“At the end of the day for me it came down to the fact that the plan isn’t economically or socially beneficial to the community,” Councilor Jason Carr said. “And I made it clear that my position wasn’t one in which I was simply making a rash decision based on public dissent — I came at it from a thoughtful standpoint.”

So the next question: what now? Ultimately, the votes are somewhat symbolic...

“It’s mainly about influencing the process,” Carr said. “We don’t have any sort of legal or constitutional authority to stop the process in its tracks. But I think the council voting unanimously, the county and the chamber of commerce voting unanimously — it all sends a loud and clear message this isn’t a plan we want to support.”


Meanwhile, Fernandez said the tone of community meetings, which started off civil last fall, has recently become unproductive.

“January came, Bundy fever took over, and things got less productive,” he said. “I think folks were a little riled up based on what was happening at the refuge. That made all the meetings in January less productive, and that was unfortunate, because we had been having some good conversations.”

Carr said it’s frustrating that Oregon Wild sees the community’s opinion as a product of the recent events in Harney County.

“It’s an unfair characterization,” he said. “The community cares about the land, and they’ve cared about the land for a very long time. This community would’ve been in just as much opposition with or without the Malheur wildlife refuge. Any time the media brings to light a certain issue it certainly makes people more aware of what’s going on, and you can’t deny the awareness that’s been brought to the management of public lands, or the issues between ranchers and BLM. But in terms of public interest of the Ochocos and creating a federal area with restrictions, I’m confident there would have been a very vocal and high amount of interest either way.”

Regardless, a high amount of interest does exist, and it doesn’t seem that will change soon.

“This is why the mayor made it known at the meeting that we agree with the opposition, but it doesn’t end here,” Carr said. “You’ve got to continue to fight, you’ve got to let your opinion to senators or congressmen be known. That’s how we’ll get this stopped.”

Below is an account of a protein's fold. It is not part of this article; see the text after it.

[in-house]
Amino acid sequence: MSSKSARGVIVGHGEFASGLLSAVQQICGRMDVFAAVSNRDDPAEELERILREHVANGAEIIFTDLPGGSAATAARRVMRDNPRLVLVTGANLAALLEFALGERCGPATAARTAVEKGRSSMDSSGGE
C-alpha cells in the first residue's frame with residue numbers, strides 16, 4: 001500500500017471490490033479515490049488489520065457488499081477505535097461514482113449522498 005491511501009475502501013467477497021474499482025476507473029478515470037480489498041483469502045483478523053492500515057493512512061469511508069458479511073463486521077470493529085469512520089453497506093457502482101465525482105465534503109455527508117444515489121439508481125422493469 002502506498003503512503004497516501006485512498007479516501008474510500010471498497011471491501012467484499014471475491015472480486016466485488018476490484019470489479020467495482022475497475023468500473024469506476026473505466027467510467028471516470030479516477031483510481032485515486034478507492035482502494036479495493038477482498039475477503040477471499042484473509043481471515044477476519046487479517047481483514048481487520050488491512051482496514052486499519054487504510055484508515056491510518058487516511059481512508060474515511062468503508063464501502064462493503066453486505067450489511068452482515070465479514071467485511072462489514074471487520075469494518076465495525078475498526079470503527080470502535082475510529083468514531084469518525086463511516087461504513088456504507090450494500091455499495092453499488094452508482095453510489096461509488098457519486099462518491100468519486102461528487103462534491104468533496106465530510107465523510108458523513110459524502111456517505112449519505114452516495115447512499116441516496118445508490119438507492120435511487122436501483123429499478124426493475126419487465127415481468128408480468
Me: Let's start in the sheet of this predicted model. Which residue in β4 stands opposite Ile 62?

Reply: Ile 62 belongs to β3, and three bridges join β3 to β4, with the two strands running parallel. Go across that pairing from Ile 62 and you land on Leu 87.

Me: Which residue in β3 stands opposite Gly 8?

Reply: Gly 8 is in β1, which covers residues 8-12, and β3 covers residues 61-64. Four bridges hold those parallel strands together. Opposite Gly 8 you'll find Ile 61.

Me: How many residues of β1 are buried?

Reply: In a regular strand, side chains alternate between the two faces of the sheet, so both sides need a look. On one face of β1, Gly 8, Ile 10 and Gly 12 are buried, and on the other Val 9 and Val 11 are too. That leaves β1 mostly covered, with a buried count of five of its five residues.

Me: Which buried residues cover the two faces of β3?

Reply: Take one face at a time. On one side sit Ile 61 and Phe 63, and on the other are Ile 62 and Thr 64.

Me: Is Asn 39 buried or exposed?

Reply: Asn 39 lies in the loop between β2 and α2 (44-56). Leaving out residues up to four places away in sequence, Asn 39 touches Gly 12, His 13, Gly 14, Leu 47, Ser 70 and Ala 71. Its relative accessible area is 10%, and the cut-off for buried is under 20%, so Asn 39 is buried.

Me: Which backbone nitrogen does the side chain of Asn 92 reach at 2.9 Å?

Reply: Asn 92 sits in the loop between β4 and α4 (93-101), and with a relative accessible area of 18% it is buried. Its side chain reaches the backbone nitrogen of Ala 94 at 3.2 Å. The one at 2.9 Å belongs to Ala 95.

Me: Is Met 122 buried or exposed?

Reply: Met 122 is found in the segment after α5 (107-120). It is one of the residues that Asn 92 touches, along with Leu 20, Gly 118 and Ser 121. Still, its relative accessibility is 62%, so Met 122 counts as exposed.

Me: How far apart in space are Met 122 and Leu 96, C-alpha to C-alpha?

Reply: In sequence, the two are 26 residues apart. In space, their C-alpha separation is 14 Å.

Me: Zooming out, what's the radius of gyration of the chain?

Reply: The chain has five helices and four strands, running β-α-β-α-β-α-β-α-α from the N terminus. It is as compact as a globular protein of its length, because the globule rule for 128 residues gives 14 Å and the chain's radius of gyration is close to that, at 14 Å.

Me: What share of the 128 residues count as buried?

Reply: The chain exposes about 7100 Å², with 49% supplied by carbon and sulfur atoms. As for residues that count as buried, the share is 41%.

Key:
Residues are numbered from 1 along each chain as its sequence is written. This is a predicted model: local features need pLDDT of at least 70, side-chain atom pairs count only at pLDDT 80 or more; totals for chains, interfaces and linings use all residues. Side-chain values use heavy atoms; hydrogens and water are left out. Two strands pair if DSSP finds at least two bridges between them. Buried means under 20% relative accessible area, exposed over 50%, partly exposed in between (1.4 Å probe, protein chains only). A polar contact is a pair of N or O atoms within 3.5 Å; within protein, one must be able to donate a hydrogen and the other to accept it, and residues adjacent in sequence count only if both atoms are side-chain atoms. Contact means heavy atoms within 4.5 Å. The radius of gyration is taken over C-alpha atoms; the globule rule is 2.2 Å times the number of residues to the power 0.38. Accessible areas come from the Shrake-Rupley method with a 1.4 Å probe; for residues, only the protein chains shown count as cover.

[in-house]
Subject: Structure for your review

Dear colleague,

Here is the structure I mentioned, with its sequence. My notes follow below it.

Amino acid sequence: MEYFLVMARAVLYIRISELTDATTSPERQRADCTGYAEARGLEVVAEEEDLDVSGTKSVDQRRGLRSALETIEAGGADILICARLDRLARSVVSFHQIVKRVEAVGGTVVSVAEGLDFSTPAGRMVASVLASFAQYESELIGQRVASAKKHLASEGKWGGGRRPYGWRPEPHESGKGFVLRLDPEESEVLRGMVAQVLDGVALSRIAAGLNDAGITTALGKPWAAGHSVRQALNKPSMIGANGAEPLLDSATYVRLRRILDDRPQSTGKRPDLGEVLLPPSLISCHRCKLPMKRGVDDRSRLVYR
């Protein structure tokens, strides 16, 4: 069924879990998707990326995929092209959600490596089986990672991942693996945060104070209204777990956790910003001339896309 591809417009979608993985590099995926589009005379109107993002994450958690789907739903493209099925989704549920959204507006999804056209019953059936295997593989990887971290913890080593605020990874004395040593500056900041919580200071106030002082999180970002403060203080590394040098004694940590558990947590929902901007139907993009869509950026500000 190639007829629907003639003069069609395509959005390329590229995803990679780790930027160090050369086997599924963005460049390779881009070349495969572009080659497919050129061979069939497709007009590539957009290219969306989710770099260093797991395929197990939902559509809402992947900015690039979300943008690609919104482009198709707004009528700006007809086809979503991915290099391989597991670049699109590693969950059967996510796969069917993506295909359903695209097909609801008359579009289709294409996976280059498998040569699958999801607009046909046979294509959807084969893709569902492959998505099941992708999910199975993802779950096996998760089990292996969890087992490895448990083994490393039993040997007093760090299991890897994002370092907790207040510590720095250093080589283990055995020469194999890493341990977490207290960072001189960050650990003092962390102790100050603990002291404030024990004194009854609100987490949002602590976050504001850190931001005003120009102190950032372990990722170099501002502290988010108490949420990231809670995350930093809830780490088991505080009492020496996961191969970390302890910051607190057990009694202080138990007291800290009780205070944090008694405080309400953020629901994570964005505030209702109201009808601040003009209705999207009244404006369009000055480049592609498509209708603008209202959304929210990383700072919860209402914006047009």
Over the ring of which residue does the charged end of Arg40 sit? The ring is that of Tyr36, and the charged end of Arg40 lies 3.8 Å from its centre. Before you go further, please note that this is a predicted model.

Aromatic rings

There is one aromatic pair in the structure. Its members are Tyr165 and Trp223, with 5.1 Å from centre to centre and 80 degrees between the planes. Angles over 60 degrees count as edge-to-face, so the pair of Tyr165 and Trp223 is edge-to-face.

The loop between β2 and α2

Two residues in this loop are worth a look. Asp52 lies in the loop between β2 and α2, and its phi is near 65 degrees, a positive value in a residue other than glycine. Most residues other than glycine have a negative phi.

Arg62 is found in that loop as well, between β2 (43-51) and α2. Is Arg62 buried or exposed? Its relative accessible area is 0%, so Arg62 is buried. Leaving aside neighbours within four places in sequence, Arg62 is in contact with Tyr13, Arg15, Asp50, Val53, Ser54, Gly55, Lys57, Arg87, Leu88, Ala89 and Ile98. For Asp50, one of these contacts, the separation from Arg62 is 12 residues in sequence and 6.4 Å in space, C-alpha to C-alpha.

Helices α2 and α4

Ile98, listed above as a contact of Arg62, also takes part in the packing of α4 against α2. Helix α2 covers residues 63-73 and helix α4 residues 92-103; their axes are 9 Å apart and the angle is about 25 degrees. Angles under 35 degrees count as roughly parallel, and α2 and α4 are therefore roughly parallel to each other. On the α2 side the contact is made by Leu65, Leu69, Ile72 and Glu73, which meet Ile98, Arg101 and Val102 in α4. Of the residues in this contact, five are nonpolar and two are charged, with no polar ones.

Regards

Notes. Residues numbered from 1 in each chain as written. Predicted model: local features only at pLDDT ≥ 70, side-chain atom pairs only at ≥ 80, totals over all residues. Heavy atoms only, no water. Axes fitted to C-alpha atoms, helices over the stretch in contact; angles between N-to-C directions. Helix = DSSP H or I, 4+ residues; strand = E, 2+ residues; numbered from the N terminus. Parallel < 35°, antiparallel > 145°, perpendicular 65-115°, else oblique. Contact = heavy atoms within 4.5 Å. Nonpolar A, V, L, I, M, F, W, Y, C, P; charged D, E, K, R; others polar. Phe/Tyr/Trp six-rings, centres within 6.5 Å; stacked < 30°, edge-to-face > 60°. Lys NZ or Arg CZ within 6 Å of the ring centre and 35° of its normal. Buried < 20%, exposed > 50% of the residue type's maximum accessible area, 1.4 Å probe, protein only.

“We’ll just continue in this voice,” Fahlgren said. “Even if it takes us having to go to D.C. to stomp our feet.” }

Tuesday, February 2, 2016

Rural America is increasingly dominated by "mentally stunted troglodytes"

This is obviously a very opinionated take on the issue. At some point he calls the Bundy guys "mentally stunted troglodytes". But his obvious bias actually gives more credulence to his personal observations. From our perspective, of particular interest is his admission that the anti-systemic constitutionalism is mainstream in southern Utah and Bundys are only exacerbating a wider slide into radicalism.
By Dallas Hyland (Suindependent) {

Date = Jan 31 2016
Source = The Bundys’ rhetoric widened the divide between rural and mainstream America

It may be my own experience alone, but what I have found, at least here in the southern part of Utah, is that the majority of people’s minds are made up on the matter of public lands. They purport that the lawmakers of our land have been somehow infiltrated by those who seek to pervert the Constitution for their own agenda’s sake, and they will not hear anything to the contrary. In fact, when I offer any refutation to the arguments they present on a local talk radio show, I am more often than not summarily dismissed as a communist bootlicker and even sometimes somewhat threatened for daring to utter out loud such refutations.

In an opinion piece I penned almost two years ago in response to the standoff in Bunkerville, Nev., I wrote:
“I contend, however, that the animosity toward government that exceeds the boundaries of common sense is becoming its own distinct and recognizable movement. Its creed is a loose deference to a nuance of principles only a select few claim to understand; as if, somehow, they channel the founders and understand the law better than the rest of us.”
They may or may not have a point, but it is all but drowned out by this growing sense of radicalism. And its drowning is exacerbated by mentally stunted troglodytes like Cliven, Ammon, and Ryan Bundy who pay lip service to patriotism while taking a stance regarding the future of public lands that represents only a select few groups of people instead of all Americans. }